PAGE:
I don’t see much spam any more telling me that I’ve won the lottery, though I do still get a few that want me to secretly help move a few million from Nigeria into my bank account here. At least those involve a benefit, which is more than I can say for most of the spam.
One variety of spam has taken a clear lead in my “Junk” email folder during the past year, the pump & dump stock schemes which tout obscure penny stocks. I often get several identical pump & dump emails from different senders at virtually the same time. I must really look like a sucker to someone.
And the pump & dump spam is a growing part of those growing numbers, apparently for two reasons. First is that these emails show up as “image spam,” meaning that you actually see a picture of the words, which tricks the spam filters that rely on text recognition. Second, the spam doesn’t use a link that you click on. The words tell the stock name and symbol and claim that it’s “hot,” and the spammers know that people will fall for it…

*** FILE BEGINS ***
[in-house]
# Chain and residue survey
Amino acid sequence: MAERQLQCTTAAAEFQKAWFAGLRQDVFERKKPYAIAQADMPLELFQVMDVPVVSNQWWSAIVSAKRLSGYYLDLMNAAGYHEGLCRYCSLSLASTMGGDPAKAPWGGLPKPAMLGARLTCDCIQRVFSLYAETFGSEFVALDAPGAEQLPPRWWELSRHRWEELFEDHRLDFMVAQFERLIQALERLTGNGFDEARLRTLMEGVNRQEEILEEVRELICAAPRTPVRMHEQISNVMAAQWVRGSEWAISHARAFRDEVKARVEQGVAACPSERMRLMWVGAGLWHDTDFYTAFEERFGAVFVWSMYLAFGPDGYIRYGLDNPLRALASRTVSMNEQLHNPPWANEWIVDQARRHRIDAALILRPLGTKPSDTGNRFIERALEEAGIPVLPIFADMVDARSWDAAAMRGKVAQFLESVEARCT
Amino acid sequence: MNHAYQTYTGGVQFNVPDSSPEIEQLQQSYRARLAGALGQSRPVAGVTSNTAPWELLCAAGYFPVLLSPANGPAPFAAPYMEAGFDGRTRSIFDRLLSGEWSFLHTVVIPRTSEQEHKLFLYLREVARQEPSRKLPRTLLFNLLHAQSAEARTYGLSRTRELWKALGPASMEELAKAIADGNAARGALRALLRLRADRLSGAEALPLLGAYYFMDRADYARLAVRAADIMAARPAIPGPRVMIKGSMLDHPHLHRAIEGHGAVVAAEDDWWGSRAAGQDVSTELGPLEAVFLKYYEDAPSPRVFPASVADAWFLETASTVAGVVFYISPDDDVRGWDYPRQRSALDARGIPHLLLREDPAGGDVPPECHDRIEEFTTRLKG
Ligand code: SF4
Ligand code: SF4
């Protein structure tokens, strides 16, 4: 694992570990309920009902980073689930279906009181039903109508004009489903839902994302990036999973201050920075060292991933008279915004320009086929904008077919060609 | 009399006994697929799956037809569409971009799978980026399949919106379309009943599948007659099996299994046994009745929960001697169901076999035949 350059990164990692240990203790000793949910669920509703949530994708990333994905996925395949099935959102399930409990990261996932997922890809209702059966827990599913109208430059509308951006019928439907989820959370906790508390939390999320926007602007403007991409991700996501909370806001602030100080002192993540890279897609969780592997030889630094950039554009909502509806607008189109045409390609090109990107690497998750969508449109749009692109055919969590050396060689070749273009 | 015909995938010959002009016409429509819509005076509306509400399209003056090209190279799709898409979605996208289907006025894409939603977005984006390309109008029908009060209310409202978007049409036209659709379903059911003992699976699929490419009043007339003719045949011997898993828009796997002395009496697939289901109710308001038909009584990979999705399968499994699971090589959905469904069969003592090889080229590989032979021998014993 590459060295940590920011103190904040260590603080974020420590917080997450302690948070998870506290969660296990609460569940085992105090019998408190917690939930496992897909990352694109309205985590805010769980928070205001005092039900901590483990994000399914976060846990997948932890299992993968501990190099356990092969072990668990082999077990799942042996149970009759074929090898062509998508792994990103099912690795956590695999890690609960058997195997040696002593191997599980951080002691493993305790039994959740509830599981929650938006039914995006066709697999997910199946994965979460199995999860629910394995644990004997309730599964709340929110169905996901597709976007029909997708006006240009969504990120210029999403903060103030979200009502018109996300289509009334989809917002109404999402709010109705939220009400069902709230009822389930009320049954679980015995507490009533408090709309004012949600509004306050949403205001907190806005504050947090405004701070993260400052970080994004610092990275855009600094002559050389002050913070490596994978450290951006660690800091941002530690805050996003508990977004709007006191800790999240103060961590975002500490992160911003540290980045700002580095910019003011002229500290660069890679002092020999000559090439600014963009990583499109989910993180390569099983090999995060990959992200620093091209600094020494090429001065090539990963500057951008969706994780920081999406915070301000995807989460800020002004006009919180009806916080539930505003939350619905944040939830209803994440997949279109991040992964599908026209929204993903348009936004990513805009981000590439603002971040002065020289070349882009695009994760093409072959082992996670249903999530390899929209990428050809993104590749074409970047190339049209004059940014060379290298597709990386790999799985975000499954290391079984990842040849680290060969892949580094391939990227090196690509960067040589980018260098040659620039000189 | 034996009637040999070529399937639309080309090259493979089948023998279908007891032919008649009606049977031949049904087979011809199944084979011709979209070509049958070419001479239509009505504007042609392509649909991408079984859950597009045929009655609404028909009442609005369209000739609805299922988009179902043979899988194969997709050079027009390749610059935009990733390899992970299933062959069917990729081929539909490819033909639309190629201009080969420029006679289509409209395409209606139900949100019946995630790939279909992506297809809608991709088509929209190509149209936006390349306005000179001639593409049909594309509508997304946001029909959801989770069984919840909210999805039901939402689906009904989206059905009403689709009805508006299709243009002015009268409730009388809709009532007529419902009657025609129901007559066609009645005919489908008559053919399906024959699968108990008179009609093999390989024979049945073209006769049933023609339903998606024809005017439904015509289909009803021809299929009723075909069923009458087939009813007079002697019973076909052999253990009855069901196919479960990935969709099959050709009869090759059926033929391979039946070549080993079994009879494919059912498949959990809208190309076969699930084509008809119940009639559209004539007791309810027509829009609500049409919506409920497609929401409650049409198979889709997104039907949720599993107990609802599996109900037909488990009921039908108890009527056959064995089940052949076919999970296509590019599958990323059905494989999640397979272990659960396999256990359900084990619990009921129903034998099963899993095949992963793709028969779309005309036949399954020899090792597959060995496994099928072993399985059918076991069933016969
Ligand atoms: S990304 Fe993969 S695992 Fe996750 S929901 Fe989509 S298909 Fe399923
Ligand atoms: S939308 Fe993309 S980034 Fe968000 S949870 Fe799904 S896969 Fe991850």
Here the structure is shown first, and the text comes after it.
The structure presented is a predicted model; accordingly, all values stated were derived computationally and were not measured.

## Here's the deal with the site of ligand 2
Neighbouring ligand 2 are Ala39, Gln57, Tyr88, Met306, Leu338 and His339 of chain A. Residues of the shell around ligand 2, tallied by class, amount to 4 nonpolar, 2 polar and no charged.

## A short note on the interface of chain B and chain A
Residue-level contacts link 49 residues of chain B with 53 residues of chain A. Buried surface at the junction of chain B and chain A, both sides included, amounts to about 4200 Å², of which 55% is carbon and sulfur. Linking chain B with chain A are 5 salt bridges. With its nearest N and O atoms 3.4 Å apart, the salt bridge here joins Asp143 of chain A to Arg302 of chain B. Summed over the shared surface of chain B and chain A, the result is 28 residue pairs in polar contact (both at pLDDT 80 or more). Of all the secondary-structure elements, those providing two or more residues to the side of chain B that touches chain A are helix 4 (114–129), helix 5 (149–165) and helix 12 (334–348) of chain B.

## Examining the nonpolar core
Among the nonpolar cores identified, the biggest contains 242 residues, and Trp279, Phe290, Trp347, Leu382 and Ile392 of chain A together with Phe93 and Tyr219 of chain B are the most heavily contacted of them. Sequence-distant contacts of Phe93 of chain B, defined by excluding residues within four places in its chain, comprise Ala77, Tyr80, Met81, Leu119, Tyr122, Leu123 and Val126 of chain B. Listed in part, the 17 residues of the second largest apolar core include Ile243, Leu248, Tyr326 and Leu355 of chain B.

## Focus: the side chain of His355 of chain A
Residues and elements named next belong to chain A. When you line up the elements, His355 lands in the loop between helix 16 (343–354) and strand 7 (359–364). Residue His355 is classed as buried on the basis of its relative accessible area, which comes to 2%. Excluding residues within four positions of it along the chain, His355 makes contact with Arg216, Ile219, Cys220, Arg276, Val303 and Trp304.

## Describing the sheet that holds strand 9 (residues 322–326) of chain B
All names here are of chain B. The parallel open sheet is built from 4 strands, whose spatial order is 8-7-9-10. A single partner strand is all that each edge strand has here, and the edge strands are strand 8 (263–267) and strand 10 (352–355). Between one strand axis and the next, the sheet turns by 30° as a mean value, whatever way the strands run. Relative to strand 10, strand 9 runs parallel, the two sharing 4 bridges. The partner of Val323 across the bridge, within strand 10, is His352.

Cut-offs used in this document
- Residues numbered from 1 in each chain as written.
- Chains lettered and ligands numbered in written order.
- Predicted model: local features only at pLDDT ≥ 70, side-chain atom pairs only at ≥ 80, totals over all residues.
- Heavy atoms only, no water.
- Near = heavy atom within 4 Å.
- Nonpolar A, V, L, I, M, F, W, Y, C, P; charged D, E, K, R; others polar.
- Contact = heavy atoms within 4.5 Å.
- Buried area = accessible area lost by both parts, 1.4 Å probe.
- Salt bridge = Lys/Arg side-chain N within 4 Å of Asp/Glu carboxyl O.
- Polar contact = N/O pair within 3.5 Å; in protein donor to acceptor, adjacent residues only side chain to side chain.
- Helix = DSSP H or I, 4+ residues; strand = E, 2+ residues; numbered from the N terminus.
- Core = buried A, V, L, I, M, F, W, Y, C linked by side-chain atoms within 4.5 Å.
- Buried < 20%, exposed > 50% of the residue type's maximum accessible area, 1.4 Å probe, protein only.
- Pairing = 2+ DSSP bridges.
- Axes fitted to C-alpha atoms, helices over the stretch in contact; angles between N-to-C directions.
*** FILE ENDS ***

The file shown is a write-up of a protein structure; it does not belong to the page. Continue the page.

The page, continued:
Or enough people, at least, so that the block of penny shares the spammer purchased beforehand will be driven up by new buyers after the emails arrive. Trading volume on penny shares is very small, so relatively few buyers can move share prices high enough for the spammers to sell at a worthwhile profit.
A cute twist on this scam is the email that looks like it was misdirected among friends and contains a few sentences of innocuous talk, and then mentions something like “and remember the XYZ stock I told you about last week? It’s gone up almost 40% already just like I told you it would. I’m going to buy some more.” The unsuspecting recipient may think they have just received an inside tip, not realizing that 100,000 others just got the same email.
Yes, this scheme is ugly, evil and illegal. But it works. It works because too many people fall for “the next hot thing,” and the spammers know it.
At the risk of blaming the victim, it’s dumb to buy a stock you’ve never heard of based on email from someone you’ll never know. Psychology is every investor’s greatest weakness, except for the few who make it their greatest strength.